The Family Shakspeare: In Ten Volumes; in which Nothing is Added to the Original Text; But Those Words and Expressions are Omitted which Cannot with Propriety be Read Aloud in a Family, 9 tomas
Longman, Hurst, Rees, Orme, and Brown, 1818
Ką žmonės sako - Rašyti recenziją
Neradome recenzijų įprastose vietose.
Kiti leidimai - Peržiūrėti viską
Aaron Andronicus arms Attendants bear blood bring brother comes Corn court daughter dead dear death dost doth emperor Enter Exeunt Exit eyes fair father fear follow Fool fortune friends Gent give Gloster gods gone Goths grace hand hast hath head hear heart heaven hold honour I'll Iach Imogen Italy keep Kent king lady Lavinia Lear leave letter live look lord Lucius madam Marc Marcus master mean mistress mother nature never night noble poor Post pray queen revenge Roman Rome SCENE sister sons sorrow speak stand Stew sweet sword Tamora tears tell thank thee thine thing thou thou art thought Titus tongue true villain
273 psl. - Poor naked wretches, wheresoe'er you are, That bide the pelting of this pitiless storm, How shall your houseless heads and unfed sides, Your loop'd and window'd raggedness, defend you From seasons such as these ? O, I have ta'en Too little care of this ! Take physic, pomp ; Expose thyself to feel what wretches feel, That thou mayst shake the superflux to them, And show the heavens more just.
223 psl. - Thou, Nature, art my goddess ; to thy law My services are bound. Wherefore should I Stand in the plague of custom, and permit The curiosity of nations to deprive me, For that I am some twelve or fourteen moonshines Lag of a brother ? Why bastard...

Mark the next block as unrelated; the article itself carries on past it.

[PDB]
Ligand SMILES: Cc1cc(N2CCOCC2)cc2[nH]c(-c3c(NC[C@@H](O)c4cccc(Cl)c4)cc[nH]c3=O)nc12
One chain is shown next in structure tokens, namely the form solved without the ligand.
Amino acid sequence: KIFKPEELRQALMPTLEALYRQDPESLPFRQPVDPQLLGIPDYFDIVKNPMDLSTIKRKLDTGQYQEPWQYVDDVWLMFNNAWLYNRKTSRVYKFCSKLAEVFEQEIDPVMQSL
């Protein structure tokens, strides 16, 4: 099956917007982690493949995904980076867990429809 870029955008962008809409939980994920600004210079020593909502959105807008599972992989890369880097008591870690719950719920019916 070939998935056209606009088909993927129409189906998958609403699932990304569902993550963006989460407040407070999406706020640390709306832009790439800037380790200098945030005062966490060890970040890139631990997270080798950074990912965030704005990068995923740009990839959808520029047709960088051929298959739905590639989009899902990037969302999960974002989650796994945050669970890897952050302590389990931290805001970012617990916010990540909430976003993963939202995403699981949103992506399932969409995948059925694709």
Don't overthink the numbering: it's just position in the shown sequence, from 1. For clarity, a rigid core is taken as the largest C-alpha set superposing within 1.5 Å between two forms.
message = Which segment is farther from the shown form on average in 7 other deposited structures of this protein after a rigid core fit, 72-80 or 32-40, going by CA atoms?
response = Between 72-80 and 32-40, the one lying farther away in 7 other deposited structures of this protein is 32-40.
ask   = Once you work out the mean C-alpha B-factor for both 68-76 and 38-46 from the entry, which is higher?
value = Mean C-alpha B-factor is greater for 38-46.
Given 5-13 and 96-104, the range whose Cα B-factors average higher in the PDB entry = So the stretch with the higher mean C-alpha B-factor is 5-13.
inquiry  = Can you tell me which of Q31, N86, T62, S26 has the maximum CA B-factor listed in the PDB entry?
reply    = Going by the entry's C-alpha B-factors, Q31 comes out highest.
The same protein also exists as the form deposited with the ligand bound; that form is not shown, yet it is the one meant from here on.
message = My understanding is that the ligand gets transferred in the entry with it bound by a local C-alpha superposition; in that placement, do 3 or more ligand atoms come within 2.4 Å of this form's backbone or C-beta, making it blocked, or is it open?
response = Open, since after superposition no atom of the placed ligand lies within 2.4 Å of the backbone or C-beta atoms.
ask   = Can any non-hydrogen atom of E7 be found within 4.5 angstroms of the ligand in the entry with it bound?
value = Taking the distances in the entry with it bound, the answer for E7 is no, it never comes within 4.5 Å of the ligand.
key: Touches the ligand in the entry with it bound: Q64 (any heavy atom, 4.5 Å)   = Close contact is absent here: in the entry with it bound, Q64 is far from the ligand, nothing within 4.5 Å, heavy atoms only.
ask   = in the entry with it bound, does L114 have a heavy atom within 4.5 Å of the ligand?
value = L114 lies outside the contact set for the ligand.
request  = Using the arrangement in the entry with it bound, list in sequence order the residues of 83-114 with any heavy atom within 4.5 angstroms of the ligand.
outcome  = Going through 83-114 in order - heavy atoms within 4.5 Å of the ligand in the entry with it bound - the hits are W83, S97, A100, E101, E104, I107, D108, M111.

237 psl. - Lear. Does any here know me ? This is not Lear : does Lear walk thus? speak thus? Where are his eyes? Either his notion weakens, or his discernings are lethargied. Sleeping or waking? Ha! sure 'tis not so. Who is it that can tell me who I am ? Fool.
57 psl. - tis slander, Whose edge is sharper than the sword ; whose tongue Outvenoms all the worms of Nile ; whose breath Rides on the posting winds, and doth belie All corners of the world : kings, queens, and states, Maids, matrons, nay, the secrets of the grave This viperous slander enters.
223 psl. - Thou, nature, art my goddess ; to thy law My services are bound : Wherefore should I Stand in the plague of custom ; and permit The curiosity of nations to deprive me, For that I am some twelve or fourteen moon-shines Lag of a brother? Why bastard?
243 psl. - Lear. O, let me not be mad, not mad, sweet heaven ! Keep me in temper : I would not be mad ! Enter Gentleman.
84 psl. - Fear no more the frown o' the great: Thou art past the tyrant's stroke. Care no more to clothe and eat; To thee the reed is as the oak: The sceptre, learning, physic, must All follow this, and come to dust.
216 psl. - The mysteries of Hecate, and the night ; By all the operations of the orbs, From whom we do exist, and cease to be ; Here I disclaim all my paternal care, Propinquity, and property of blood, And as a stranger to my heart and me Hold thee, from this, for ever.